Public Safety

The headline on my free Metro newspaper this morning was dramatic and to the point: “Terrorists threaten Canada.” The story stems from an internet post made by an al Qaeda group that said “cutting oil supplies to the United States, or at least curtailing it, would contribute to the ending of the American occupation of Iraq and Afghanistan,” and called for attacks on Canadian petroleum facilities as one way of accomplishing that.

Of course, this isn’t really new news. Canada’s been a target of al Qaeda and similar groups since before 9/11. All the same, Public Safety Minister Stockwell Day reacted by saying, “we’ve always said that Canada is not immune to threats. We take this threat seriously.” (Between the lines, it sounds like he’s almost excited to get his first real threat as Public Safety Minister, but hopefully that’s just my over-active cynicism.)

Day also added that it’s possible to protect “all of our assets, both human and structural.” (Nice to know that the protection of human life and the protection of oil drilling operations are of equal priority.)

One of the more interesting quotes, however, came from Stephen Harper, who told MPs that “the most important responsibility of government is the preservation of order and the protection of its citizens.” (And its structures. Don’t forget its structures.)

I’m not the first to point this out, but we’re currently facing an even greater threat to order and our protection. We now know that even if Harper and Bush see the light (or, say, a bunch of Green MPs get elected) and start enacting plans to actually reduce our greenhouse gas emissions dramatically, the planet will continue to get hotter for centuries. It’s past time to start thinking not just about preventing further climate change, but about how we’ll manage with the changes we’ve already set in motion.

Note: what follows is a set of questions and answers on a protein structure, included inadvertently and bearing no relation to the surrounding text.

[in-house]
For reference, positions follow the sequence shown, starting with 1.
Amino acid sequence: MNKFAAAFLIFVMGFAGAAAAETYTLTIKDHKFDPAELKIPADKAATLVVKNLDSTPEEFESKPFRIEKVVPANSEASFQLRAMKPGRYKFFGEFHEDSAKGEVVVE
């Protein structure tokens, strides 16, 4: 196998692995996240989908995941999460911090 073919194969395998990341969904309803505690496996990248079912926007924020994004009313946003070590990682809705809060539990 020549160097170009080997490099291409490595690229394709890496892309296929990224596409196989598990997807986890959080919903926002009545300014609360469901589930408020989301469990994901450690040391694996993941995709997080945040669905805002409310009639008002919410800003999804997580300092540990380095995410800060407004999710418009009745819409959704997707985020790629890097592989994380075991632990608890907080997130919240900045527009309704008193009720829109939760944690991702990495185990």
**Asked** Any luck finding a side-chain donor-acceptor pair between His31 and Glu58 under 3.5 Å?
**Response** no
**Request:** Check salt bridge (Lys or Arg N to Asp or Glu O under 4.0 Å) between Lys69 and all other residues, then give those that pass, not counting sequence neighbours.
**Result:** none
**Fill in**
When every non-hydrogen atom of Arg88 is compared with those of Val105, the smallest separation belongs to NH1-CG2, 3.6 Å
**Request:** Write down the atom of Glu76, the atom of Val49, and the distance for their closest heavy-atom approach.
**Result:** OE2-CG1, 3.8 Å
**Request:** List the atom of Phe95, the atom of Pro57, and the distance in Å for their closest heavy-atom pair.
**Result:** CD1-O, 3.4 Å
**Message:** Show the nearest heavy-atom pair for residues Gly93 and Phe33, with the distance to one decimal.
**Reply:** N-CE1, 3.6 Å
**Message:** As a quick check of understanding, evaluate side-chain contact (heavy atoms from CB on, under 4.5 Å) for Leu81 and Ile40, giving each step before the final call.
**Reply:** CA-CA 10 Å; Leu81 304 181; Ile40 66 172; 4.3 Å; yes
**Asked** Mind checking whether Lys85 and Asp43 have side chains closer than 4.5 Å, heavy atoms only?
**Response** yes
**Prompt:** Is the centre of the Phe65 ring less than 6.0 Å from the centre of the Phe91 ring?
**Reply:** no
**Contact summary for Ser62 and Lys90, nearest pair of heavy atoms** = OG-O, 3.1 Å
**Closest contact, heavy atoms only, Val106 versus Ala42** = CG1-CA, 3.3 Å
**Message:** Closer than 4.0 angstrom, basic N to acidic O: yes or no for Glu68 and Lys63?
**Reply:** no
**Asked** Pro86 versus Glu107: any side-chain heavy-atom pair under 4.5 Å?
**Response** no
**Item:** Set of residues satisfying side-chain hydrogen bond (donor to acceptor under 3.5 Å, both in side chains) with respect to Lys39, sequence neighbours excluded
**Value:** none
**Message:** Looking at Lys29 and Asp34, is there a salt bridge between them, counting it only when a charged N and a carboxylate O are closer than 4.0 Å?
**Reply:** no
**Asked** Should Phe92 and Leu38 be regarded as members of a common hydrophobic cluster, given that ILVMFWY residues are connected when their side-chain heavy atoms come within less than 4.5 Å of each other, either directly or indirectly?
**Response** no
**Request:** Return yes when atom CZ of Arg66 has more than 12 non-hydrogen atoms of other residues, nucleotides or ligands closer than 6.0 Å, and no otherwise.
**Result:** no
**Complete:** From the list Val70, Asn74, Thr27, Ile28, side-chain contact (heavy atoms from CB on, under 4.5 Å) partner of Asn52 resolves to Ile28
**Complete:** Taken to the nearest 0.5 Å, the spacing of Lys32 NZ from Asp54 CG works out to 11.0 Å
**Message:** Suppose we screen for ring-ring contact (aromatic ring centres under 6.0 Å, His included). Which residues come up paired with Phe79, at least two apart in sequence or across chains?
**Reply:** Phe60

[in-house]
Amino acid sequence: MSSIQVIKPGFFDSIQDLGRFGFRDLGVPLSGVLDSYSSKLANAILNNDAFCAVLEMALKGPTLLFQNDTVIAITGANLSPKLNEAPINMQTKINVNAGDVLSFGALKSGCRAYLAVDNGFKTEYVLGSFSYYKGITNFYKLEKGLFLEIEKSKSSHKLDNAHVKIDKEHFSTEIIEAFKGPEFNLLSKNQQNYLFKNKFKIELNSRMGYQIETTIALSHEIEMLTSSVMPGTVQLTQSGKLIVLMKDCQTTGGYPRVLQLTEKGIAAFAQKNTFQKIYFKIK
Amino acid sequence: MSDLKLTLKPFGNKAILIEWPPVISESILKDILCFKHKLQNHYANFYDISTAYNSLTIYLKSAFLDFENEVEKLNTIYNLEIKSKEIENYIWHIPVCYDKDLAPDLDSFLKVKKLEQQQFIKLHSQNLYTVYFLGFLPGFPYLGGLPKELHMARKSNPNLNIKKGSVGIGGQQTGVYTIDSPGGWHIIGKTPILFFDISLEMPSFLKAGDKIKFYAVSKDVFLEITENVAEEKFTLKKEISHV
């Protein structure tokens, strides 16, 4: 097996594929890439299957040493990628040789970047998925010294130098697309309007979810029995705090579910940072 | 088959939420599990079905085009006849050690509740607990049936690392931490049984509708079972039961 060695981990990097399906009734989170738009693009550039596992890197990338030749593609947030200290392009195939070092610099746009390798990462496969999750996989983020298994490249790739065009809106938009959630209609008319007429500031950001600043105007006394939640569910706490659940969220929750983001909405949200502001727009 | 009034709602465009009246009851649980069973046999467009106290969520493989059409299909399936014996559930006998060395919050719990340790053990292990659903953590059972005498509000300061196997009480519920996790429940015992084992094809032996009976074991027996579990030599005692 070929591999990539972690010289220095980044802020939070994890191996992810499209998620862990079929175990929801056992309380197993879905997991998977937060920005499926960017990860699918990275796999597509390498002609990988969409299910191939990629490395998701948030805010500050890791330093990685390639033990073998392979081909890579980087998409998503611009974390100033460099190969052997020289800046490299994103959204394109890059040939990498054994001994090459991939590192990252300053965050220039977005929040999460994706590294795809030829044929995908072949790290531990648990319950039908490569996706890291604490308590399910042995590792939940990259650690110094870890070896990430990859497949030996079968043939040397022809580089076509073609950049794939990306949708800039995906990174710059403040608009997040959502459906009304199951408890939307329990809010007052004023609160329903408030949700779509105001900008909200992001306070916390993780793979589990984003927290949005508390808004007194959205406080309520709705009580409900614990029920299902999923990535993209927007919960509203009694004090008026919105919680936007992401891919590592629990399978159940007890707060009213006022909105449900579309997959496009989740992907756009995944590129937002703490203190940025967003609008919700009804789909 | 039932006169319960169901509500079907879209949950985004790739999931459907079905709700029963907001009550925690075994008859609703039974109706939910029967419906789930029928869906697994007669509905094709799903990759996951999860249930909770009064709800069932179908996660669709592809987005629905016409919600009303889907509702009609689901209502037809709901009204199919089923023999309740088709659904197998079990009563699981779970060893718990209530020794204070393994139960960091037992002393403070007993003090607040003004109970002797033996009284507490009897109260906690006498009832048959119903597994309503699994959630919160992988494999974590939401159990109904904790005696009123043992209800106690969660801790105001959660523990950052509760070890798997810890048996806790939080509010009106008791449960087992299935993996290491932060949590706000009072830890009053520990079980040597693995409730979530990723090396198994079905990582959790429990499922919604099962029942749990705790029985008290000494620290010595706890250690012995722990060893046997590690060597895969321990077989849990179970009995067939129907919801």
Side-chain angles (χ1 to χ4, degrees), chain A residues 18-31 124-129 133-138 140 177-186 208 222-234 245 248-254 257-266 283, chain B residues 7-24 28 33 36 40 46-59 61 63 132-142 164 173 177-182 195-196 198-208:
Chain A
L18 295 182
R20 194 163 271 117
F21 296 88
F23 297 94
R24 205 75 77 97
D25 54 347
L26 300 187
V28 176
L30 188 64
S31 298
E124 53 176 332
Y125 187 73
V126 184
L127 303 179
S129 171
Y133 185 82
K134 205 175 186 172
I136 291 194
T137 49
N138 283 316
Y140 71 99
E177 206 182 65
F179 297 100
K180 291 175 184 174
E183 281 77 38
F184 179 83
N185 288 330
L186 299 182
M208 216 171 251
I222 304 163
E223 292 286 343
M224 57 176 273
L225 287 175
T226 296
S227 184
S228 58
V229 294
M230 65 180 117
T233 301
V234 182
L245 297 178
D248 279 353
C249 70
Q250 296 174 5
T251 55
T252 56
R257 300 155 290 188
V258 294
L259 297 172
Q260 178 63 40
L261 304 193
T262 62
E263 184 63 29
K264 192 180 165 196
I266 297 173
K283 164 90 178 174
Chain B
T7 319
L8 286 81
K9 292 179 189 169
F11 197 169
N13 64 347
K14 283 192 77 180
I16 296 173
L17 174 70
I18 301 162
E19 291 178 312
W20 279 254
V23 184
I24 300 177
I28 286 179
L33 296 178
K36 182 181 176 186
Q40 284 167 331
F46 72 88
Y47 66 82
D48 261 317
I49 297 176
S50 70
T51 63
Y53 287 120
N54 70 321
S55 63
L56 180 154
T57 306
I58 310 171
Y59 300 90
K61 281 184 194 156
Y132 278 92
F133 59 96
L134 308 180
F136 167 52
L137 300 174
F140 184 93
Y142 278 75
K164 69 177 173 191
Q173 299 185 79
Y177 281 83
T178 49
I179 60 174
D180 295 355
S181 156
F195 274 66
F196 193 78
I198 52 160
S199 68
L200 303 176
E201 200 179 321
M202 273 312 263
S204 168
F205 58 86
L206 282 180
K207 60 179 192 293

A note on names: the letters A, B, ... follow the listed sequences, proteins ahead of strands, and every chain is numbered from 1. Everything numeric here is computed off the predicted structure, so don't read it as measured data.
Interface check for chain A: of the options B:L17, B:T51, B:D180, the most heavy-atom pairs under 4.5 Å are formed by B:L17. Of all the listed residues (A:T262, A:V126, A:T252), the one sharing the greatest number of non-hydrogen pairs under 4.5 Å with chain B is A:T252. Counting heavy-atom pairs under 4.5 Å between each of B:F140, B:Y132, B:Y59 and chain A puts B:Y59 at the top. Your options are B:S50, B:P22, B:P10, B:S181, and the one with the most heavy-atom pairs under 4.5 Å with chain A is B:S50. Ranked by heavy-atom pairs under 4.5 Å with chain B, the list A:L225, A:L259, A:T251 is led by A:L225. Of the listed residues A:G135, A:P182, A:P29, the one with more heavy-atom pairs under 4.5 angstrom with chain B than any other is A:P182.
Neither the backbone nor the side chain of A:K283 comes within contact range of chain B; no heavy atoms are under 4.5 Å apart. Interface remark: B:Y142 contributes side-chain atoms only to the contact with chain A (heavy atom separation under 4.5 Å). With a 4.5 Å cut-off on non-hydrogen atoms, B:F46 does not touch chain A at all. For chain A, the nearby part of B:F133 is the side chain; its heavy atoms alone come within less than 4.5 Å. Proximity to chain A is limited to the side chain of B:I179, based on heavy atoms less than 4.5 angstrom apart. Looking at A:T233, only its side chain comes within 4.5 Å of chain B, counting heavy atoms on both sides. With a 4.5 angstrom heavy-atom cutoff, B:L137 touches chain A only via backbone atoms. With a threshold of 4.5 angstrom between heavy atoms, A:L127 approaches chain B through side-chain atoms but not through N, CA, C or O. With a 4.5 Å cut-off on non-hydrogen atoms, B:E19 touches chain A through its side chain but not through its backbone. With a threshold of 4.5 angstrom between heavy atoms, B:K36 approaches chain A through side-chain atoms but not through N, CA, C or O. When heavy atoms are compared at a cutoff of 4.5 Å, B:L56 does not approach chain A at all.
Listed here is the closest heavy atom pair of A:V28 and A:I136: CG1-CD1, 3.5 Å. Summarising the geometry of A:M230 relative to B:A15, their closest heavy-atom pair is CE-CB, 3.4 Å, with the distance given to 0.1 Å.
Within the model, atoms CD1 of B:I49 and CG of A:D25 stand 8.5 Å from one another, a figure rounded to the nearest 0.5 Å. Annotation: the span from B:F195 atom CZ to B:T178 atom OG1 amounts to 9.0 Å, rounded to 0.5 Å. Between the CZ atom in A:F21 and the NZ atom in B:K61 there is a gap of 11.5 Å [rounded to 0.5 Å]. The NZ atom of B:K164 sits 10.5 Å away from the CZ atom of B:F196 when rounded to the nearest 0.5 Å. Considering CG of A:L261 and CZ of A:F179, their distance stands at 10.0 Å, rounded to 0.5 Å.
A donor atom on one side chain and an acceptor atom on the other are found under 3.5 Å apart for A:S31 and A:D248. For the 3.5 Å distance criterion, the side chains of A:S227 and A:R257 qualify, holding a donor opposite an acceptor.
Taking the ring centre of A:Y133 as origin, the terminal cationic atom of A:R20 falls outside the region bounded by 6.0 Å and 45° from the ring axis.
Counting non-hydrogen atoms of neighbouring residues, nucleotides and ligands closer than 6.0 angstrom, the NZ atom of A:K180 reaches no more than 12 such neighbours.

For example, where, and how, will we grow our food? Where will our water come from? How will we deal with increased pressure from the United States and China for the freshwater in our boarders? How will we prepare against new diseases? What plan do we have for replacing all of the infrastructure we’ve built on the now-melting permafrost? How might rising ocean levels affect our coastal provinces? How can we build secure, local economies as international ones become less stable and viable? How will we keep our national economy strong as more jurisdictions like California refuse to buy our tar-sands oil because it’s too dirty?

There are answers, but there’s also much work to be done. Terrorism is a real threat that needs to be guarded against, but if our government really cares about public safety, order, and the protection of its citizens, there are other threats that deserve more of their attention.

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